12 Percent of Shy Teens May Have Social Phobia
A small portion of shy teenagers may actually have social phobia, according to a new national study of adolescents.
Social phobia, a persistent, debilitating fear of situations that could involve scrutiny and judgment, is a somewhat controversial diagnosis in children and teens, with critics arguing that the diagnosis turns normal shyness into a medical condition. But the new research finds that teens who meet the criteria for social phobia are also more likely to struggle with depression, anxiety, substance disorders and other problems. That finding suggests that social phobia is a serious condition beyond regular shyness, the researchers report Monday (Oct. 17) in the journal Pediatrics.
To uncover the overlap between shyness and social phobia, the researchers drew from a nationally representative survey of 10,123 American teenagers and 6,483 of their parents. In face-to-face sessions, the teenagers answered questions about their level of shyness, anxiety and prescription medication use. The teens were also evaluated for social phobia.
Parents were more likely to rate their teens as shy than the teens themselves, with 62.4 percent of parents saying their teens were shy while only 46.7 percent of teens described themselves that way. Of the students who called themselves shy, 12.4 percent actually met the criteria to be diagnosed with social phobia. Of the teens described as shy by their parents, 10.6 percent met the criteria for social phobia. [Top 10 Controversial Psychiatric Disorders]
Of teens not identified as shy, about 5 percent met the social phobia criteria.
The results suggest that "social phobia is not simply shyness," the researchers wrote. "In contrast to the high frequency of shyness observed among U.S. adolescents, social phobia affected a minority of youth."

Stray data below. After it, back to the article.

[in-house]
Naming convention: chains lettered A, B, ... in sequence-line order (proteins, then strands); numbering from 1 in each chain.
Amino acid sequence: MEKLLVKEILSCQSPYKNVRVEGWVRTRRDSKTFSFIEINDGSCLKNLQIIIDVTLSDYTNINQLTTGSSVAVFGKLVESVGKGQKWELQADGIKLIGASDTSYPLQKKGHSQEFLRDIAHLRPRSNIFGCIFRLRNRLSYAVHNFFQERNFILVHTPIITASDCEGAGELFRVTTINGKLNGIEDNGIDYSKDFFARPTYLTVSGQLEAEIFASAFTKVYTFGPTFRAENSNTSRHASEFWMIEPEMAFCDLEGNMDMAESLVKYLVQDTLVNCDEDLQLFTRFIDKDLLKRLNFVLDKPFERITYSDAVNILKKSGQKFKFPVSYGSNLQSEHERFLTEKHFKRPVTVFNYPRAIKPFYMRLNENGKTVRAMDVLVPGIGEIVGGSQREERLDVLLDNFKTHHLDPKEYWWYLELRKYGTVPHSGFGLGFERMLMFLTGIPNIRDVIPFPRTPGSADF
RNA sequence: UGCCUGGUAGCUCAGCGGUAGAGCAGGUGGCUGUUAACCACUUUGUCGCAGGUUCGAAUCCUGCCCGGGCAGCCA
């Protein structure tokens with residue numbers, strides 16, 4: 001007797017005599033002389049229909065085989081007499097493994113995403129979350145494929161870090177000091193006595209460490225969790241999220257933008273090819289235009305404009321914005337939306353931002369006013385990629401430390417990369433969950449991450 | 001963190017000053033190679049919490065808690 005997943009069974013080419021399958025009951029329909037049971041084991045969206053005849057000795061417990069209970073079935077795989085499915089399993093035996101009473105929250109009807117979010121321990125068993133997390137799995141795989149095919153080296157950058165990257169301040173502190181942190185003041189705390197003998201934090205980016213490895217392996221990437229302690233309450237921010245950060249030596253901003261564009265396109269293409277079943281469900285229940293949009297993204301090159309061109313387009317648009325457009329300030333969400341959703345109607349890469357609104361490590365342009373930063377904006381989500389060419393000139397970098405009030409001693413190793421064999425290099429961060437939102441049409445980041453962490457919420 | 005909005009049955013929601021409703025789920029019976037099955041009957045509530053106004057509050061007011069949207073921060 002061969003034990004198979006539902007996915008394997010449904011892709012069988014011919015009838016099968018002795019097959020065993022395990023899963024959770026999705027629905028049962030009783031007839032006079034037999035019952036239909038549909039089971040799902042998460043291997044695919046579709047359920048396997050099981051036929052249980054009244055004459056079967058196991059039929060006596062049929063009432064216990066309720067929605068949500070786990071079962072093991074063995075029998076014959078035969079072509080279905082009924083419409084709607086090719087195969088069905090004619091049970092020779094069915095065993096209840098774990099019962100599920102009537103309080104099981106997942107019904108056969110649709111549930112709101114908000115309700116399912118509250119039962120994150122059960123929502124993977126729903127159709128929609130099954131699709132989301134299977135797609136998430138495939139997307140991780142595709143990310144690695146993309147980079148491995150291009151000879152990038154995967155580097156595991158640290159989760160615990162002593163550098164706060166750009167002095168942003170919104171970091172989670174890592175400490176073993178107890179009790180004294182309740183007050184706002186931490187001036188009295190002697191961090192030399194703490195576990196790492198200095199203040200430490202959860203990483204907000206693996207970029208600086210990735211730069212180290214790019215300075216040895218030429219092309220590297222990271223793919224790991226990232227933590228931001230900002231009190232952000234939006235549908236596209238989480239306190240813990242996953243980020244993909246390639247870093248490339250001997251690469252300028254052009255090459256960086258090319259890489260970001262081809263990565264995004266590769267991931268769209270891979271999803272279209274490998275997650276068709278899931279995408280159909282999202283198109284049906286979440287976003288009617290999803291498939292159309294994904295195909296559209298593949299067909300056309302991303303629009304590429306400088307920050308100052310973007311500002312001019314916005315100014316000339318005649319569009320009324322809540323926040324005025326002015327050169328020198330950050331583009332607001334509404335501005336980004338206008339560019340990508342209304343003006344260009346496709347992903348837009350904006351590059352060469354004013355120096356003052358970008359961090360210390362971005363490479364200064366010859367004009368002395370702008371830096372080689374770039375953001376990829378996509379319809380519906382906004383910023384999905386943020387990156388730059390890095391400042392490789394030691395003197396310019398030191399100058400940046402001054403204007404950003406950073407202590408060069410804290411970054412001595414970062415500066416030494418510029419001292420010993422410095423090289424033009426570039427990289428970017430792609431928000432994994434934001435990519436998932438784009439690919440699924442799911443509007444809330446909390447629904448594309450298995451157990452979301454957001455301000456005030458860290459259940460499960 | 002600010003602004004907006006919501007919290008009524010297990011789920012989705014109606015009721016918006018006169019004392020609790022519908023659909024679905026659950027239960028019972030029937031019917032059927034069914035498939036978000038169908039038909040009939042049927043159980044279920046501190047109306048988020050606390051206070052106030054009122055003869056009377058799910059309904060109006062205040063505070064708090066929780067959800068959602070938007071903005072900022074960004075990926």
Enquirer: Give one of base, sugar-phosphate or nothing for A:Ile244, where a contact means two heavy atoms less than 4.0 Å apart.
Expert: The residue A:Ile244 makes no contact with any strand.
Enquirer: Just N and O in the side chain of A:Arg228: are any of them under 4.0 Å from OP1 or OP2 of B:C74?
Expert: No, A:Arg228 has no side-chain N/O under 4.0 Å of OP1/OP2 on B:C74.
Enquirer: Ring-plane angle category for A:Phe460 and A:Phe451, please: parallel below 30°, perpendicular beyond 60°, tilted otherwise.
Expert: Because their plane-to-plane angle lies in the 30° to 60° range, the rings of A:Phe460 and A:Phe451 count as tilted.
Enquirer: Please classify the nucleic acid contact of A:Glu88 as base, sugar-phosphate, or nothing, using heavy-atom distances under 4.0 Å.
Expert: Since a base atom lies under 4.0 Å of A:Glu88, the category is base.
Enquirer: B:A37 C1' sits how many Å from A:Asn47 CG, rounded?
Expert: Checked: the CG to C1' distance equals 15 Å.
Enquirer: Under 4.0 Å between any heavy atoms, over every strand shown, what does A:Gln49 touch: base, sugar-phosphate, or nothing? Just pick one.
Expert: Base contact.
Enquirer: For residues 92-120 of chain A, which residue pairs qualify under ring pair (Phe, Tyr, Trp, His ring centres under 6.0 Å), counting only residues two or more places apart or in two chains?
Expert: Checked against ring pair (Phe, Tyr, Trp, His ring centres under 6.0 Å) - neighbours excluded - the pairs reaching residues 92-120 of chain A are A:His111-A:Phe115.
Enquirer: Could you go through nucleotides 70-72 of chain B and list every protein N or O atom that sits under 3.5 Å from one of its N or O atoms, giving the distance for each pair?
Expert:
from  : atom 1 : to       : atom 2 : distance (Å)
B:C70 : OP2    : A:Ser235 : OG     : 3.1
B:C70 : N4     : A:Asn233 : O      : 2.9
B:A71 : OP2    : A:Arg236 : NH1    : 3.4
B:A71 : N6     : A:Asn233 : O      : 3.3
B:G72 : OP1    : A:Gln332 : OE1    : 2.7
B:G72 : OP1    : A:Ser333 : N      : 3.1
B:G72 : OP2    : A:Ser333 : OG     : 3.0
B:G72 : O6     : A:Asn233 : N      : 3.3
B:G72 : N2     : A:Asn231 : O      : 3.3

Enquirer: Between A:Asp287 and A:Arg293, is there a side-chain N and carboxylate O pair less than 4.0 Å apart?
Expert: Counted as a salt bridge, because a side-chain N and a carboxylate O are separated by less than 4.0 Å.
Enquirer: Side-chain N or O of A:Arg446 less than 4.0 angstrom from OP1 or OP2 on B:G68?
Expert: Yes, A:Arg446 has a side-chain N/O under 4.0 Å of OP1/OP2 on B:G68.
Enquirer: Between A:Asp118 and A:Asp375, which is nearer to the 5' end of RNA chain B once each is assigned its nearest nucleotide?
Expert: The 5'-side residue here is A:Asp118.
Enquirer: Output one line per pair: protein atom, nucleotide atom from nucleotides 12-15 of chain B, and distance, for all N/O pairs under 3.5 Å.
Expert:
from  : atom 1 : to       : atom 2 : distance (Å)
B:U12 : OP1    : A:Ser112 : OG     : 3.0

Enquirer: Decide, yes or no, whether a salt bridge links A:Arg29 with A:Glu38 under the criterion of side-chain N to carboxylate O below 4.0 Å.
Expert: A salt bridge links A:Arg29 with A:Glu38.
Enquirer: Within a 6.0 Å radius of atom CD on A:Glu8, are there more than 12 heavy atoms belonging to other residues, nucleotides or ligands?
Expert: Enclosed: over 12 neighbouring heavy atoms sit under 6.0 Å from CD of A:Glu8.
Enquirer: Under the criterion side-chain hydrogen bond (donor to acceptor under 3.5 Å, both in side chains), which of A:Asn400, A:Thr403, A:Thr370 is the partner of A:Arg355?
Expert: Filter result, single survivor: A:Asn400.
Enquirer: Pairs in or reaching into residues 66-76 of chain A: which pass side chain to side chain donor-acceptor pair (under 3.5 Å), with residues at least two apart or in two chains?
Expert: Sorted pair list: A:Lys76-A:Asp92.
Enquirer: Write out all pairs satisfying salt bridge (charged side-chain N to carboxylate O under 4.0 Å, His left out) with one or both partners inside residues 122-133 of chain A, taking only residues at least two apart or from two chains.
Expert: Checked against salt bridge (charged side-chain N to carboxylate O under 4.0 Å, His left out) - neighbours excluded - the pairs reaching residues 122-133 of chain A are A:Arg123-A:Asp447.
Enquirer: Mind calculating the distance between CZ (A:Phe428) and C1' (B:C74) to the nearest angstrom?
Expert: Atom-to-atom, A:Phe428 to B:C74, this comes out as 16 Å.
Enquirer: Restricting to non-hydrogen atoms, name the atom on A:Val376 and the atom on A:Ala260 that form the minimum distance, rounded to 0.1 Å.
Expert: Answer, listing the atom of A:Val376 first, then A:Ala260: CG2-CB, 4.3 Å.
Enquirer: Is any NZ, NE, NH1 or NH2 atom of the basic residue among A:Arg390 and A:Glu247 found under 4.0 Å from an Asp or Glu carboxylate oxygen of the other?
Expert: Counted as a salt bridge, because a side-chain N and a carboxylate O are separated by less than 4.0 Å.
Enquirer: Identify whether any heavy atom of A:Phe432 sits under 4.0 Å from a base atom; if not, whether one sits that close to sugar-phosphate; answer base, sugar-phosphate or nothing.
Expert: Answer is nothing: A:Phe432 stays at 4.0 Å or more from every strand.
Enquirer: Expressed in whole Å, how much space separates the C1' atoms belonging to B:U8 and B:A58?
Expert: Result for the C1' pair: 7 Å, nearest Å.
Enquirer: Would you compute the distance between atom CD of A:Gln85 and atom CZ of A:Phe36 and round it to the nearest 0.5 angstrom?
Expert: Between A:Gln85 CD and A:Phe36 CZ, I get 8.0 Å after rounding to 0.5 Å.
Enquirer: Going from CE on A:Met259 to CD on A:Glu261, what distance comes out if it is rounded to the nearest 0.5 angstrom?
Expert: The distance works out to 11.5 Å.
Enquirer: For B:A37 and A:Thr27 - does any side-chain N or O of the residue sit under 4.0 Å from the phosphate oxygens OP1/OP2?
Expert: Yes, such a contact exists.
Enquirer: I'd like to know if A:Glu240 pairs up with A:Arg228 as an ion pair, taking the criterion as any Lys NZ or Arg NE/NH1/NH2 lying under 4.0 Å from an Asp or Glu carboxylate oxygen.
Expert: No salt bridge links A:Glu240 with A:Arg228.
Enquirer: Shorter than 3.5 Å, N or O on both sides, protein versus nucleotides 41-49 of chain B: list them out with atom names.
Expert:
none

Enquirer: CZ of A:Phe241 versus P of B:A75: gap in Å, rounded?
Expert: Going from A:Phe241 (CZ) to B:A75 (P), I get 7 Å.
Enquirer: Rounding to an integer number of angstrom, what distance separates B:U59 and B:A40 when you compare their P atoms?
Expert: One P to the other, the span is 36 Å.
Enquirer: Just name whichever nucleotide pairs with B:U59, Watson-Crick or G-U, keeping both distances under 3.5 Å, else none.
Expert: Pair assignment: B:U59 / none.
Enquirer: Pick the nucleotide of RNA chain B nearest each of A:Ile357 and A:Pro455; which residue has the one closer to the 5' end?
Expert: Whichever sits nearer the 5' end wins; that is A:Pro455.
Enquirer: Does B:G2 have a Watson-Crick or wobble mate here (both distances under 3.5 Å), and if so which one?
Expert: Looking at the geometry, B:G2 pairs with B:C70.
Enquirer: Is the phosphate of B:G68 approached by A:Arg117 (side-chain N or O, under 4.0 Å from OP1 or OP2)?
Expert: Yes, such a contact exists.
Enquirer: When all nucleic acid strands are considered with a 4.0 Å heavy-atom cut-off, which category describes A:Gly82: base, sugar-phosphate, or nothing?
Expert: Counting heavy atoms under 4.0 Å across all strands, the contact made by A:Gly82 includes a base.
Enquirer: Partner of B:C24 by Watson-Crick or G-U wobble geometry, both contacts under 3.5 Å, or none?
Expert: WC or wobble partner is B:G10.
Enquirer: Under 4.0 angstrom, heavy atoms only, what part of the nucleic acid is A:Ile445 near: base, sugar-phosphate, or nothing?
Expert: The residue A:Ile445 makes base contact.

More tellingly, the researchers reported, teenagers who met the criteria for social phobia reported more social struggles and more additional psychological disorders than the teens who were simply shy. Despite these troubles, the socially phobic teens were no more likely than their counterparts to be taking medication.
The implication, the researchers wrote, is that social phobia should be taken seriously in young people.
"Although many adolescents with social phobia demonstrate marked impairment, results suggest that few ever seek or obtain professional help," the researchers wrote. "Persistent claims that dispute the severity of this condition among youth likely will do little to alter their course."
You can follow LiveScience senior writer Stephanie Pappas on Twitter @sipappas. Follow LiveScience for the latest in science news and discoveries on Twitter @livescience and on Facebook.
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Stephanie Pappas is a contributing writer for Live Science, covering topics ranging from geoscience to archaeology to the human brain and behavior. She was previously a senior writer for Live Science but is now a freelancer based in Denver, Colorado, and regularly contributes to Scientific American and The Monitor, the monthly magazine of the American Psychological Association. Stephanie received a bachelor's degree in psychology from the University of South Carolina and a graduate certificate in science communication from the University of California, Santa Cruz.
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